The US Chamber of Commerce put out a brief note on the rental economy suggesting that ‘millennials and Gen Z are willing to rent rather than buy’ everything from clothes to furniture. ‘Generation Z is not going to have the expectation of buying, owning, moving, selling, and storing furniture every time they move and go between different jobs or different life moments,’ according to Michael Barlow, CEO of a ‘furniture-as-a-service’ start-up.
My buddy, Joe Fernandez, runs Joymode, a rental economy startup. He tells me that about 60 percent of his customers make $100k per annum (putting them in the top-third income bracket in the US) and that on average they spend $418 a year to get to access about $5,000 worth of stuff. Cooking accoutrements, like sous-vide cookers and barbecues do very well, as do vacuum cleaners (presumably to clean up after a char-grilled ribfest.)
Archcapitalists at the private equity firm, KKR, doyen of the world’s largest leveraged buyouts, have put together a detailed peek into the dynamics of the rental economy in The New Consumer. According to KKR, the Global Financial Crisis precipitated some of the economic conditions for the rental economy. The smart-phone was the technological enabler. And entrepreneurs responded to the new opportunity.
All is not rosy. The typical renter is not as upscale as those using Joymode. This is particularly true when we look at the dynamics of the biggest thing that people rent: their homes.
Since 2005, five million more American households rent rather than own, driven in part by a ‘new segment of high-income renters [that has] proliferated since the financial crisis.’
The average American renter has an annual post-tax income of $43k per annum, which is insufficient to cover their annual expenses of around $44k. A typical homeowner makes $32k per annum more, and is left with a surplus approaching $6k each year. Accentuating this divide are rental costs which are rising faster than wages. The median net worth of renting households is in a funk at $5k.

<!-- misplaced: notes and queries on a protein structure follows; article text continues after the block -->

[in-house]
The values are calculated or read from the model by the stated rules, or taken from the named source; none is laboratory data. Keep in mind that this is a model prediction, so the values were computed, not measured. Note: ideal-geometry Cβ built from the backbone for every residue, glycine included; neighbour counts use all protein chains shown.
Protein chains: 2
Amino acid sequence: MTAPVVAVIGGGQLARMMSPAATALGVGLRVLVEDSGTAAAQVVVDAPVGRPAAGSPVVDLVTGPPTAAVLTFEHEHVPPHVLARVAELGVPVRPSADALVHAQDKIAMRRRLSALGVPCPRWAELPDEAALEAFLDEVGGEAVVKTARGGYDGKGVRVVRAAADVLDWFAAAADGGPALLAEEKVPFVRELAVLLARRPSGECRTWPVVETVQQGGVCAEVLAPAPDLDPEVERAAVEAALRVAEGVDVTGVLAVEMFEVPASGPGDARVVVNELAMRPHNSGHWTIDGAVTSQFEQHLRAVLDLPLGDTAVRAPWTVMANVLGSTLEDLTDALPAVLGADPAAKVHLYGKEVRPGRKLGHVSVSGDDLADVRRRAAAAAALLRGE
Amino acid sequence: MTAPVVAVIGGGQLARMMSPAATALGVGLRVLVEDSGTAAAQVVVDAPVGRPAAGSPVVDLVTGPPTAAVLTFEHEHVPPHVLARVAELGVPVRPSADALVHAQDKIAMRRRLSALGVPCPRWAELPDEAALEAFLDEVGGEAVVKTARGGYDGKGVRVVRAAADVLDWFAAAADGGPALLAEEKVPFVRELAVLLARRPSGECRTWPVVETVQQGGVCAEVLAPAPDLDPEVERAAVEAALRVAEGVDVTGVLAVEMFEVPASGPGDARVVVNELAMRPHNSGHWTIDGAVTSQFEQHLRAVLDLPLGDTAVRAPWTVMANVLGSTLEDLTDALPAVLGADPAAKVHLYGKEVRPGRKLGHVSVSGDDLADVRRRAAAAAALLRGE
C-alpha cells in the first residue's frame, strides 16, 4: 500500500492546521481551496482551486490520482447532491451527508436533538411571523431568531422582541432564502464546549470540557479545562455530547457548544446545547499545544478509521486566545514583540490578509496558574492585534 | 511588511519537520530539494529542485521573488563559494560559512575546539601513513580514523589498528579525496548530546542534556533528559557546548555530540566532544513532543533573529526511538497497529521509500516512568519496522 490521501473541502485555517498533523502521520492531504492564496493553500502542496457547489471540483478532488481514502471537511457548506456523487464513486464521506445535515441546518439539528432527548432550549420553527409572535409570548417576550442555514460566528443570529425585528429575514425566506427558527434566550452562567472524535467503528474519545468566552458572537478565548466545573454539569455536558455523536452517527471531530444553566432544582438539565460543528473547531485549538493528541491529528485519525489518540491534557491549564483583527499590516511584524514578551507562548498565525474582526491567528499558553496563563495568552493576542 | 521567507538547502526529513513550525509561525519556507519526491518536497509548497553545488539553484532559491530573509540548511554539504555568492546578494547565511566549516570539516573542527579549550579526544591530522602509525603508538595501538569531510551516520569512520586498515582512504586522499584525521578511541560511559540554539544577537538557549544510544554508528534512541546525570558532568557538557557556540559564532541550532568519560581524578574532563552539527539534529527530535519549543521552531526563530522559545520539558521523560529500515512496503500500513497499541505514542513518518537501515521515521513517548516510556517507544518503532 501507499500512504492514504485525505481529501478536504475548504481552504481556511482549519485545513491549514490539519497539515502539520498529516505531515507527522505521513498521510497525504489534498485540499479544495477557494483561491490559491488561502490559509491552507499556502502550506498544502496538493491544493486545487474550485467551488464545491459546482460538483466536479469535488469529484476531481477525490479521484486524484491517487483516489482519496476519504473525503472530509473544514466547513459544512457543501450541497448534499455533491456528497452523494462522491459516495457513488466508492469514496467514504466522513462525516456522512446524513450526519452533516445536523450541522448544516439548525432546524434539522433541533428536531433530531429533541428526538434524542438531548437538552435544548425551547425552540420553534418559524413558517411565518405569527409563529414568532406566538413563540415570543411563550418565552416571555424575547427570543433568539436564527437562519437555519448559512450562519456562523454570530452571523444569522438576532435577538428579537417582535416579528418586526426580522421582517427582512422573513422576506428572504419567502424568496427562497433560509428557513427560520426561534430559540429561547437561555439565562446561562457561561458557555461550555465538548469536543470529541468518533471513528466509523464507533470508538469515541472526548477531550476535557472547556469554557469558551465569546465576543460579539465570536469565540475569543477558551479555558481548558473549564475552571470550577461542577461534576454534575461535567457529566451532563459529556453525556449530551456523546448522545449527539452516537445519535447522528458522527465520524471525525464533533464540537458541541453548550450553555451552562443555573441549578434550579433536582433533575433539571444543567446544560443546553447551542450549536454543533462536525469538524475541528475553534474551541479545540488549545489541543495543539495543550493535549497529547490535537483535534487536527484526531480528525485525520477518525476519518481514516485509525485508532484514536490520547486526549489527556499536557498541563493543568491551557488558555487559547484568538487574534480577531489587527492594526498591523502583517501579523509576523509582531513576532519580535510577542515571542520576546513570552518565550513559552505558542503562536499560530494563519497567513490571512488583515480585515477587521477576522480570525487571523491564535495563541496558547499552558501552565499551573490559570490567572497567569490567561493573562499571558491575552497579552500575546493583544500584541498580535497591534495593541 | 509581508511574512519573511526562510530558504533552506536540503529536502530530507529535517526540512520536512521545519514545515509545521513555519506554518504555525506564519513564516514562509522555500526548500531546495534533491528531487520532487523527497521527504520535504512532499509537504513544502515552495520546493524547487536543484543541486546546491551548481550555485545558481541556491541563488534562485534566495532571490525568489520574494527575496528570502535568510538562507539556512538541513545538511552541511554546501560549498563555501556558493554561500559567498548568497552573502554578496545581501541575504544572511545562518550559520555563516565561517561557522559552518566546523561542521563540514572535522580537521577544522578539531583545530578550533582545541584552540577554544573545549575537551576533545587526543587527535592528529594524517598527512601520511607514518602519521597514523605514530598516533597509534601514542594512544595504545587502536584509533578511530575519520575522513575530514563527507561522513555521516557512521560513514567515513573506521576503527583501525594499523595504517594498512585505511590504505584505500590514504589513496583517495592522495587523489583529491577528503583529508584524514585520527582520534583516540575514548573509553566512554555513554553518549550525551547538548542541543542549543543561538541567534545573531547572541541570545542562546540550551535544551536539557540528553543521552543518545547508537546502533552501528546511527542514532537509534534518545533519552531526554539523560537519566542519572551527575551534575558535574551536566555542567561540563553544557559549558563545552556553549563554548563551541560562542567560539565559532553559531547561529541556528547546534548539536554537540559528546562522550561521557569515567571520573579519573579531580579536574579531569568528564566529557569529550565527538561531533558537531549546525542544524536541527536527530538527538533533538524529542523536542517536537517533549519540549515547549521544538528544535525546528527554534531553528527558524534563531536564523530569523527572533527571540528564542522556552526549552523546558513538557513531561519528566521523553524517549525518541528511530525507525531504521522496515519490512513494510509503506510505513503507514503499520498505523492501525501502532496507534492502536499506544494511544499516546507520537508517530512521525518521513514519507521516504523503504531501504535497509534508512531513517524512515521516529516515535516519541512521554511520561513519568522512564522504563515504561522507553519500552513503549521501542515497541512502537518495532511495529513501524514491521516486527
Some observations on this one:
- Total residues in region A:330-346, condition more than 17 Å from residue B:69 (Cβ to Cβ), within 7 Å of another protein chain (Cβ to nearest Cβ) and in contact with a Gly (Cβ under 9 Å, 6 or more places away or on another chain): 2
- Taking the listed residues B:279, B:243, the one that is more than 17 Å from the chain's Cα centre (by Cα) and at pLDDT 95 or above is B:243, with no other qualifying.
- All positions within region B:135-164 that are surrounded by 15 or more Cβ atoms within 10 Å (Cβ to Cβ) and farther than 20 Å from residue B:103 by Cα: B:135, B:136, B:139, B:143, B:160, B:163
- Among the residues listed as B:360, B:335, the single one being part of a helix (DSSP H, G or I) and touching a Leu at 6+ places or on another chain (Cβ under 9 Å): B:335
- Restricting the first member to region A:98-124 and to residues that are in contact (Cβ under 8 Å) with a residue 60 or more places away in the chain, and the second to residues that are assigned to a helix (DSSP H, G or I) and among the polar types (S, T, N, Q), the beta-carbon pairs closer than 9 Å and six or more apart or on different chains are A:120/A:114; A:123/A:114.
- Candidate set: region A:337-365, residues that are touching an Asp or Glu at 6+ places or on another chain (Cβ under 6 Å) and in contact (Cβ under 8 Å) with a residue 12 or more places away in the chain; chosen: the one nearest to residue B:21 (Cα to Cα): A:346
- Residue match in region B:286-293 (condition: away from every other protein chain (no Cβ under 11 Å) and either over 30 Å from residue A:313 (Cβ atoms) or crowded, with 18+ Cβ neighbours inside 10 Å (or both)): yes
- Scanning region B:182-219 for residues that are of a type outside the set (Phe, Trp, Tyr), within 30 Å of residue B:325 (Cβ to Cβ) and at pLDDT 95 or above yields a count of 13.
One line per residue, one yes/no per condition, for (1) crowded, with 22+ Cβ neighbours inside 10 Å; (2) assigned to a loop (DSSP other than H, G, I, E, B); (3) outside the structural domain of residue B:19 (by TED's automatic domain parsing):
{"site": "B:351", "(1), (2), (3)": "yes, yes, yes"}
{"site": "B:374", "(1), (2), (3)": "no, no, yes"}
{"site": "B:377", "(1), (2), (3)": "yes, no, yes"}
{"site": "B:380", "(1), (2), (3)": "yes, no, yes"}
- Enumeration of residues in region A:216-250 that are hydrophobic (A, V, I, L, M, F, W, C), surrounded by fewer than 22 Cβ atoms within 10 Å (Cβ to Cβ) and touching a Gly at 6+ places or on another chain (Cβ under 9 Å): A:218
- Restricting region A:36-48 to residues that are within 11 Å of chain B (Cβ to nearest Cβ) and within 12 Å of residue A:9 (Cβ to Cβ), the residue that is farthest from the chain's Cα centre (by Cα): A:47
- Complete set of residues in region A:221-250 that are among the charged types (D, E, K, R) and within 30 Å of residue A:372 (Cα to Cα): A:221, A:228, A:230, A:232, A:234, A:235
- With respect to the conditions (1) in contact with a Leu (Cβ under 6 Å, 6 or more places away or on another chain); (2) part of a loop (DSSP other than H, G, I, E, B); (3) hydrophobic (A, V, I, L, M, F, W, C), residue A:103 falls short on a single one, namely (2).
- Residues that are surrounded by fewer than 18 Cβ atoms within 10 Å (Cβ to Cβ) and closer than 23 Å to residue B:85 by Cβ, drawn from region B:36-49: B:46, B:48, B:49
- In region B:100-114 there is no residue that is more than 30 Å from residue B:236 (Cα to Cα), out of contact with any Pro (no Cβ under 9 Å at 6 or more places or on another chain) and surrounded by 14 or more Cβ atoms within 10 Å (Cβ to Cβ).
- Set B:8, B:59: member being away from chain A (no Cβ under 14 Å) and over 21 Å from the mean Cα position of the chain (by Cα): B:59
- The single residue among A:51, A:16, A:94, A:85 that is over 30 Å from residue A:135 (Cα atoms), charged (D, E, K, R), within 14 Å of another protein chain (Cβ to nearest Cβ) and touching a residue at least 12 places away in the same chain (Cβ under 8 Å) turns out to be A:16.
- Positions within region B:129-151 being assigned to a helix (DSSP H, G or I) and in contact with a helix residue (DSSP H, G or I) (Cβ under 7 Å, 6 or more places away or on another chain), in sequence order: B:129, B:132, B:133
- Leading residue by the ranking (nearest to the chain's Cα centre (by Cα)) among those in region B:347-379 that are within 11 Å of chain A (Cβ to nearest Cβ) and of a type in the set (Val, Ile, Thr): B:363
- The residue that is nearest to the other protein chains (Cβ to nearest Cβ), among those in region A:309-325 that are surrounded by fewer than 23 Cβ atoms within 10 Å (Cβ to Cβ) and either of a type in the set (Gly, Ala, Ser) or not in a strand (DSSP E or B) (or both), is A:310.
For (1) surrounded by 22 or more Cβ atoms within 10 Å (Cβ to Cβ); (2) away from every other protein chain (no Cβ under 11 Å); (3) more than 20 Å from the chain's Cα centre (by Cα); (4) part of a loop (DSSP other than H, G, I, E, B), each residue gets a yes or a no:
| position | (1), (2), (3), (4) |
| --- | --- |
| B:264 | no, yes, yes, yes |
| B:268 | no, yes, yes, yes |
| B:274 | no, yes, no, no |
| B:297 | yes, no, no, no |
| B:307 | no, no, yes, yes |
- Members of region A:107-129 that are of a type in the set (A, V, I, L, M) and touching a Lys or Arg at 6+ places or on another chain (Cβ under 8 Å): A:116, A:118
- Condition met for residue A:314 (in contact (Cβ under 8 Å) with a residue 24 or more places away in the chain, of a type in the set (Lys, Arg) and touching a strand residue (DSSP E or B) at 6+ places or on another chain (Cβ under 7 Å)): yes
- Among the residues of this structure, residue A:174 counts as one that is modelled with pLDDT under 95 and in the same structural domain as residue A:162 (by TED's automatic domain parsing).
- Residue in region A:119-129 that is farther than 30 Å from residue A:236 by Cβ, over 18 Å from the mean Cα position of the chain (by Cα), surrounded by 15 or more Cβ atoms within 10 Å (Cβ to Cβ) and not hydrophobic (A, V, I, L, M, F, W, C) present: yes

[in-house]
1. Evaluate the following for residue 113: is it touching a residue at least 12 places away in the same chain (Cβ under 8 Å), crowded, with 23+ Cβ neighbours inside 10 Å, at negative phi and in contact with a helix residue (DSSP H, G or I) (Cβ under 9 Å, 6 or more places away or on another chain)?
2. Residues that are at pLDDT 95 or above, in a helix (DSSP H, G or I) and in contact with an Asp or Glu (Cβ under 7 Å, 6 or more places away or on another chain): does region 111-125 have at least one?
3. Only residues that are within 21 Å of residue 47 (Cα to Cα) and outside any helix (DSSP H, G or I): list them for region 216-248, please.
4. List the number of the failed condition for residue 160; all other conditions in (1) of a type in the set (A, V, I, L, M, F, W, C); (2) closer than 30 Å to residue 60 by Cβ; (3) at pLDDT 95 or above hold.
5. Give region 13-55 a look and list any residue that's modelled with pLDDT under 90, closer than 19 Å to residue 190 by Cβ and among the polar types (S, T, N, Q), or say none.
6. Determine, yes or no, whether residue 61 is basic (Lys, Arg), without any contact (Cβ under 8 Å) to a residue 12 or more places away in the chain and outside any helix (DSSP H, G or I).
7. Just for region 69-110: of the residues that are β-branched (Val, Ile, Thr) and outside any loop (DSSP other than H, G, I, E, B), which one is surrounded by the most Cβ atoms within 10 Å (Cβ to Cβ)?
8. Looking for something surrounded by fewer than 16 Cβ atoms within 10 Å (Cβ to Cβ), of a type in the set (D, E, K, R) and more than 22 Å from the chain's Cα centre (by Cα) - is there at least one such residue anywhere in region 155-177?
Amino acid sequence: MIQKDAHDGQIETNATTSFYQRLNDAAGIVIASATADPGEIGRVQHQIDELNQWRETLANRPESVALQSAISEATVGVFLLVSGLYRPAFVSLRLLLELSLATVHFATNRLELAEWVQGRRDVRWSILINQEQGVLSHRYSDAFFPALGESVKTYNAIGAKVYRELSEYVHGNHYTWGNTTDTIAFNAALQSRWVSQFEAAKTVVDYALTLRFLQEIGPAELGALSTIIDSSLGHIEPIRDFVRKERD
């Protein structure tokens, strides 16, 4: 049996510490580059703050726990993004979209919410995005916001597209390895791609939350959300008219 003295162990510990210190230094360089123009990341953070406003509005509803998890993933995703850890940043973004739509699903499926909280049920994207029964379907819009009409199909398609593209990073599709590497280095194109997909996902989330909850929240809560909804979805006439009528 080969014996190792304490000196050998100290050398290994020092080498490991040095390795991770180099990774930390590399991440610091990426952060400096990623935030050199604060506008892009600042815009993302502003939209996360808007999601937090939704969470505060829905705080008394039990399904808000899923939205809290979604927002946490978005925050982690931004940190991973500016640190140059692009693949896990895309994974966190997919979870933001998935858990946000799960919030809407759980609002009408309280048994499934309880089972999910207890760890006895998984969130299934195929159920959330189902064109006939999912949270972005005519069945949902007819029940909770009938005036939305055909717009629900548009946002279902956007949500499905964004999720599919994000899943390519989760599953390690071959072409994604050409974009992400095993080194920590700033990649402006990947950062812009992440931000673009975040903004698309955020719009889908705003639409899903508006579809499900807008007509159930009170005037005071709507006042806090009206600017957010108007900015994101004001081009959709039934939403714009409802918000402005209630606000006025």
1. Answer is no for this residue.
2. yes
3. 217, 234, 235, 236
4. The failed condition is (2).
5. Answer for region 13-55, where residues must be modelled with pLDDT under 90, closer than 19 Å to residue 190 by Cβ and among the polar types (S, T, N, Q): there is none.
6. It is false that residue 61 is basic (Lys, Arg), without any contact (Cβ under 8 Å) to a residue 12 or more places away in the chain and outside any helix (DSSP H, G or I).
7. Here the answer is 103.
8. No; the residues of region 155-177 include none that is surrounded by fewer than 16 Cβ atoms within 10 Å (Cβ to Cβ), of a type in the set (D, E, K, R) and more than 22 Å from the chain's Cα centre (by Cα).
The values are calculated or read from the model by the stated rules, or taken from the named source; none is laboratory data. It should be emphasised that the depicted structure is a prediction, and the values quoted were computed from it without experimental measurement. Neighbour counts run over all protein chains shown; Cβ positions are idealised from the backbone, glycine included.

One of the growing area of the rental economy is the apparel industry. The number of times a piece of clothing is worn before it ends up in a dump has been further declining globally, led by China. Yet, at the same time, consumers are increasingly receptive to supporting sustainable fashion brands, Millennials in particular.
Clothing items high in value, low in usage, are driving the penetration. The pioneer in the market, Rent the Runway, for a long time focused their activity around special events, such as weddings; more recently, the company has advanced into a long-believed impervious market of day-to-day clothing. Incumbents are impacted by the shift to rental in a number of ways. First, partnering with rental companies such as Rent the Runway has been an opportunity for high-end brands to build brand affinity with younger customers who can’t afford a direct purchase, yet. Second, existing brands will likely start rental services of their own. For instance, Rebag, the luxury handbag resale company, launched a program which allows customers to exchange their new handbag for credit that allows them to buy another bag.
Over the past five years, the annual growth in consumer spending on ridesharing in the US exceeded all other categories of transportation, including car leasing, rental and buying used. Ridesharing has directly impacted the slowdown in car sales and the number of people opting to get a drivers license. But the sector faces its challenges: regulation has been a globally persistent one. The second is passenger inelasticity: the University of Chicago study has found that for every 10 percent increase in ridesharing fares, demand falls by around 5 percent.
What might get in the way of getting the rental economy to work
One question is whether the rental economy—despite the good reasons I outlined above—will become a permanent feature of our economies. And whether, if it does, it does so in an equitable, non-exploitative way.
In order to work, these services need to have core profitability rather than relying on regulatory arbitrage (as Uber and other ridesharing firms have done in treating drivers as arms-length contractors) or other financial wheezes (entire WeWork).
We should be level-headed about looking at the failures of particular firms in the industry. Over capitalisation and premature scaling is a function of execution or simply market timing, not the underlying value proposition. HelloBike has proved there is demand for bike sharing in China, even as Ofo and Xiaming took huge writedowns. (Kozmo’s failure in 2001 did not mark the death of home food delivery.)